Rooster introduction

I’ve finally taken the plunge and introduced the little rescue rooster to the hens.

Standard advice is to quarantine a new bird about a month before introducing it to your flock. I kept the rooster in a separate coop for only about 10 days before introducing him to the hens. I decided to take the chance because I had seen no signs of any illness or problems: his feathers and plumage were in very good condition, he had no discharge from his eyes or nostrils, and his droppings were normal and showed no signs of worms.

B took a video of this initial introduction. I think the rooster (we’re calling him Rory after the neighbor who suggested we rescue him) is a bit overwhelmed with the hens here.

Yesterday afternoon I took the final step of integrating him with the flock. I let him roam the yard with the hens and then put them all to bed in the main coop. There’s still a bit of adjusting to do, but they’ll all work it out.

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Reprise

It’s baaa-aaa-ck!

Well, it may not be the same one, but there’s a raccoon messing with the hens again. This time, I’m not too concerned since I lock them securely in their Eglu at night. I’m sure it’s stressful for the hens, though.

Really, I wonder what it’s like: hearing “the beast” attacking your shelter at night and knowing you’re just *that close* to being torn apart. *shudder* I guess when our way-distant ancestors first descended from the trees they had similar experiences. But we’ve been predators and up near the top of the food chain for so long that we really don’t have to worry about such things. Unless we live in an unstable urban area or a war zone, that is.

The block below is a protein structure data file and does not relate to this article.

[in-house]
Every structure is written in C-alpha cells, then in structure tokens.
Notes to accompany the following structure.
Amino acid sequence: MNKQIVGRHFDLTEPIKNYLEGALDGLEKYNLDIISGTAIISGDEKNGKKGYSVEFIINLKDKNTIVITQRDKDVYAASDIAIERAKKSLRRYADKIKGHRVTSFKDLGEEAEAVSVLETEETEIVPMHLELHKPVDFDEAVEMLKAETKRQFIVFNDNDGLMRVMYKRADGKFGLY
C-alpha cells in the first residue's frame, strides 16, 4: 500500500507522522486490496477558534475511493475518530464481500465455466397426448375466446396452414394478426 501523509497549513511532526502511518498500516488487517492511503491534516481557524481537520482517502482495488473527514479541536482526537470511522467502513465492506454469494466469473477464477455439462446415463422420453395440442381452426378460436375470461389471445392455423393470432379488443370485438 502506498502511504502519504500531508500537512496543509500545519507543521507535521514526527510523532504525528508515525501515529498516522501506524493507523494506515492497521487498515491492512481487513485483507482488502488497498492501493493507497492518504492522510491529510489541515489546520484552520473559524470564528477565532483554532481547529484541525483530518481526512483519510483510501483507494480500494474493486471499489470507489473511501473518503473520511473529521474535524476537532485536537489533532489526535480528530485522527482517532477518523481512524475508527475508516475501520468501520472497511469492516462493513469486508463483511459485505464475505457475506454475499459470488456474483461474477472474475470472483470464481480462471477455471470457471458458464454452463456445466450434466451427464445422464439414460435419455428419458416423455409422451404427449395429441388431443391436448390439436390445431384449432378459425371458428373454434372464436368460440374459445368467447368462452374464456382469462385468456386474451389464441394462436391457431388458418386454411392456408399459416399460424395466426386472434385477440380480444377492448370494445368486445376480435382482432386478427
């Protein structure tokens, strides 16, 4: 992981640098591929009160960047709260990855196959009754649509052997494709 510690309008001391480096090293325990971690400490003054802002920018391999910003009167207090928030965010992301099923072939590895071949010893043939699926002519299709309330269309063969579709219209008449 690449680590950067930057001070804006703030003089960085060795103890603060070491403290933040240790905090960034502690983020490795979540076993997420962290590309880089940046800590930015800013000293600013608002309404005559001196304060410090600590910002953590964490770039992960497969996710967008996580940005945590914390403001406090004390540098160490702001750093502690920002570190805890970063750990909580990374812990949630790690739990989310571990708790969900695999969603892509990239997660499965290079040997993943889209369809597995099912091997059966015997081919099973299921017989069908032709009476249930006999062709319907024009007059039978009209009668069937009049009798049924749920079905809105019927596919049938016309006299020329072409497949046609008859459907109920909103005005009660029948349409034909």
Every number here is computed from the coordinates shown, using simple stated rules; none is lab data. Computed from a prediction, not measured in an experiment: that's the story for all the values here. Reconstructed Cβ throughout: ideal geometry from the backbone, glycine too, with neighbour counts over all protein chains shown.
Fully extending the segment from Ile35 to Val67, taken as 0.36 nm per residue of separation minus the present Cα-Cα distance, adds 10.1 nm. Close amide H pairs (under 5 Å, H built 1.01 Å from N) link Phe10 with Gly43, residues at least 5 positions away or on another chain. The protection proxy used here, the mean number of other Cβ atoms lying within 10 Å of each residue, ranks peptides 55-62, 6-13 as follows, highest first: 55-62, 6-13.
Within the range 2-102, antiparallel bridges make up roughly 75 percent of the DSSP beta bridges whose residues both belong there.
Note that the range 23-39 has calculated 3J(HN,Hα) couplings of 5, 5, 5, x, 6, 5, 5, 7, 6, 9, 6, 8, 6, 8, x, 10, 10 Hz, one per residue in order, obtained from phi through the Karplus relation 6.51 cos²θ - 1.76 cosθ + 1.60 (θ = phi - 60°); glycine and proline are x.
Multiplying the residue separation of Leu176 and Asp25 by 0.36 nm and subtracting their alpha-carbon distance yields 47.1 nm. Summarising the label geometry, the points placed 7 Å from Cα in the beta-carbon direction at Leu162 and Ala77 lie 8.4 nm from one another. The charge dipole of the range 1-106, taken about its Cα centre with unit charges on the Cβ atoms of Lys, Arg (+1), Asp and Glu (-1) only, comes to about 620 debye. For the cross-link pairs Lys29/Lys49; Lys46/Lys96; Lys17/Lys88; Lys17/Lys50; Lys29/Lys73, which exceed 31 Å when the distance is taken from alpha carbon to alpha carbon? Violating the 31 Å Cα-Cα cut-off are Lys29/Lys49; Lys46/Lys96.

Well, that was quite a digression!

Anyway, I’m really only assuming it’s a raccoon visiting at night since I haven’t actually seen it. But what else could be messing up the run cover every night for the past  3 nights? I’ve even figured out where it’s getting into the uber-run (as I call my large run in which the Eglus rest), and frankly there’s not much I can do about it.

As long as the hens keep inside the Eglu coop at night and don’t try to wander out into the attached Eglu run area they are safe. I could close the door to the Eglu coop and take away this option entirely, but then the hens would be stuck without food or water until I rolled out of bed an hour or two after sunrise to let them out. It’s summer and with the shorter nights I’d have to be out there at about 5 or 5:30 AM every day to beat or meet the sunrise.

I’m down to 2 chickens now and I’m actually thinking I may bring them to my mom’s farm this fall and go without hens for the winter. It would give me a bit of a break and allow me to plan a better coop and run layout, perhaps. After all, as anyone with chickens will admit, you always contemplate ways to improve your set up .

In the meantime, I wonder how much longer the raccoon will keep trying to get at a hen until it finally gives up and leaves for good. Or at least for another few months until the morning light comes later.

Thief in the henhouse

We had a visit from a raccoon early this morning. Luckily, all the hens are OK but it was pretty scary at the time.